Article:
for (int i = 0; i < _clusters.Count(); i++)
{
distanceBetweenClusters = ClusterDistance.ComputeDistance(_clusters.GetCluster(i), newCluster, _dissimilarityMatrix, strategie);
_dissimilarityMatrix.AddClusterPairAndDistance(new ClusterPair(newCluster, _clusters.GetCluster(i)), distanceBetweenClusters);
_dissimilarityMatrix.RemoveClusterPair(new ClusterPair(newCluster.GetSubCluster(0), _clusters.GetCluster(i)));
_dissimilarityMatrix.RemoveClusterPair(new ClusterPair(newCluster.GetSubCluster(1), _clusters.GetCluster(i)));
}
_dissimilarityMatrix.RemoveClusterPair(new ClusterPair(newCluster.GetSubCluster(0), newCluster.GetSubCluster(1)));
}

Finally, the *BuildHierarchicalClustering* recursive method just call the methods discussed previously and stops when the number of clusters is equals to k (i.e., user-defined number of clusters).

private void BuildHierarchicalClustering(int indexNewCluster, ClusterDistance.Strategy strategy, int k)
{
ClusterPair closestClusterPair = this._GetClosestClusterPairInDissimilarityMatrix();
Cluster newCluster = new Cluster();
newCluster.AddSubCluster(closestClusterPair.Cluster1);
newCluster.AddSubCluster(closestClusterPair.Cluster2);
newCluster.Id = indexNewCluster;
newCluster.UpdateTotalQuantityOfPatterns();
_clusters.RemoveClusterPair(closestClusterPair);
_UpdateDissimilarityMatrix(newCluster, strategy);
_clusters.AddCluster(newCluster);
closestClusterPair = null;
if (_clusters.Count() > k)
this.BuildHierarchicalClustering(indexNewCluster + 1, strategy, k);
}

Actually, before AggloCluster output the clustering results as displayed in figures 3 and 4, one more step need to be done; it is necessary to transform the hierarchical clustering structure (AGNES is a hierarchical clustering algorithm) into flat clusters with k partitions.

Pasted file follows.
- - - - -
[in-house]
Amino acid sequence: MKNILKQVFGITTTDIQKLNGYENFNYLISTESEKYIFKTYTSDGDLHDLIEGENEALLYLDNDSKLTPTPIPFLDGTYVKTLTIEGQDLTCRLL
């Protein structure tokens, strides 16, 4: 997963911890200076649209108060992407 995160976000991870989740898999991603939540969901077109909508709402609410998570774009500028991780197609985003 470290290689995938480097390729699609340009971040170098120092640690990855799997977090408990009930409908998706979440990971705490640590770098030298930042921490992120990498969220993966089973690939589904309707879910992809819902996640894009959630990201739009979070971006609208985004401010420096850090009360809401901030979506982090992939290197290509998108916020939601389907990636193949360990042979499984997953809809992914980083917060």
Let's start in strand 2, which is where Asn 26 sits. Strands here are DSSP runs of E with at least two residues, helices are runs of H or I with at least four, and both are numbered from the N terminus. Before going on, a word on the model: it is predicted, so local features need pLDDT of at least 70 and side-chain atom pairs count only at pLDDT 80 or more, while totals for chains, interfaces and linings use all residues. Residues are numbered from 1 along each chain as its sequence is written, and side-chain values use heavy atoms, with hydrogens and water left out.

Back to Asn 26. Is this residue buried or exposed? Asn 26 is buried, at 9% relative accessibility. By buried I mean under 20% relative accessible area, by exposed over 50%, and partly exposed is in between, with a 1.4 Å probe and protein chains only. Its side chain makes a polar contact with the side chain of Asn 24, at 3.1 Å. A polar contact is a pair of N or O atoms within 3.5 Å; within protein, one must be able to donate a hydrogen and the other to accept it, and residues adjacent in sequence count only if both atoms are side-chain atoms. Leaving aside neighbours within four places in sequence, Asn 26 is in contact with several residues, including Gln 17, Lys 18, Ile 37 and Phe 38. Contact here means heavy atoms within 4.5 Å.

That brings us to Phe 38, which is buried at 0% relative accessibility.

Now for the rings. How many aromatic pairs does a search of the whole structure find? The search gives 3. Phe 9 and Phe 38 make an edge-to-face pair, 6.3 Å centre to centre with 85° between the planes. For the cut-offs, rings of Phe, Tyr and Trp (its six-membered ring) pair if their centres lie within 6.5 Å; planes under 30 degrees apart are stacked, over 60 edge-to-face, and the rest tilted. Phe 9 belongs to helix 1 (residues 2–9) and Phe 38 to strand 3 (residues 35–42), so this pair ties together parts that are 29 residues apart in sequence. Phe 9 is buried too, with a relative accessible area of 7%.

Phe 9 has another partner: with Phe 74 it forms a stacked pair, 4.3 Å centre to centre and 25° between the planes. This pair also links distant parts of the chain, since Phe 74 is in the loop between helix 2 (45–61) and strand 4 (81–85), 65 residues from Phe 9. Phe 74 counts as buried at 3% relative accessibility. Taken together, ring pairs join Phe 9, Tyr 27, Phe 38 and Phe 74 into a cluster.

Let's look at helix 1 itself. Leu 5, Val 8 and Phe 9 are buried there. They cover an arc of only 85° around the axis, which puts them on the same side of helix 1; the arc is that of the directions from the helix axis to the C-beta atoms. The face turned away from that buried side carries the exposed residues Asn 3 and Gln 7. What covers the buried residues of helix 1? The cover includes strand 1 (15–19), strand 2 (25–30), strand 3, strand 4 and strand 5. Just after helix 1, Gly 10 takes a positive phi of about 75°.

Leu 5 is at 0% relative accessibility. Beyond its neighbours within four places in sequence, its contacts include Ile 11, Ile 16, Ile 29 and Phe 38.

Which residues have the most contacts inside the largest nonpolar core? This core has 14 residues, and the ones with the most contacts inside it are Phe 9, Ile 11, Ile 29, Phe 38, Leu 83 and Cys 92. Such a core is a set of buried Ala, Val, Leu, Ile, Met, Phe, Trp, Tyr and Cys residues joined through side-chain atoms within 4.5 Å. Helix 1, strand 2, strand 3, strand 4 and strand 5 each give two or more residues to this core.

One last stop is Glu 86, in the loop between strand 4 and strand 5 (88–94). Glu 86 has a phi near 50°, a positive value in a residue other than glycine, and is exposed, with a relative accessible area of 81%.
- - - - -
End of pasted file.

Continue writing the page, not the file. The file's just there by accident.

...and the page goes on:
public Cluster[] BuildFlatClustersFromHierarchicalClustering(Clusters clusters, int k)
{
Cluster[] flatClusters = new Cluster[k];
for (int i = 0; i < k; i++)
{
flatClusters[i] = new Cluster();
flatClusters[i].Id = i;
foreach (Pattern pattern in clusters.GetCluster(i).GetAllPatterns())
flatClusters[i].AddPattern(pattern);
}
return flatClusters;
}

## Points of Interest

Machine learning is a very interesting subject to learn, however, it can be difficult to understand if you don't have a strong background in math/statistics . So to overcome this, I found a way to understand many of the fancy math notation and concepts described in pattern recognition books by doing some code and translating into a language that I could understand. As a result I can say that I have a more intuitive idea on how some unsupervised machine learning algorithms works and I hope, after reading this article, you can have that same intuition too.

If you got interested in the SharpCluster.NET/AggloCluster project, please feel free to join me on Github. There is a lot work to do there from improving the algorithm's performance to build a more friendly UI.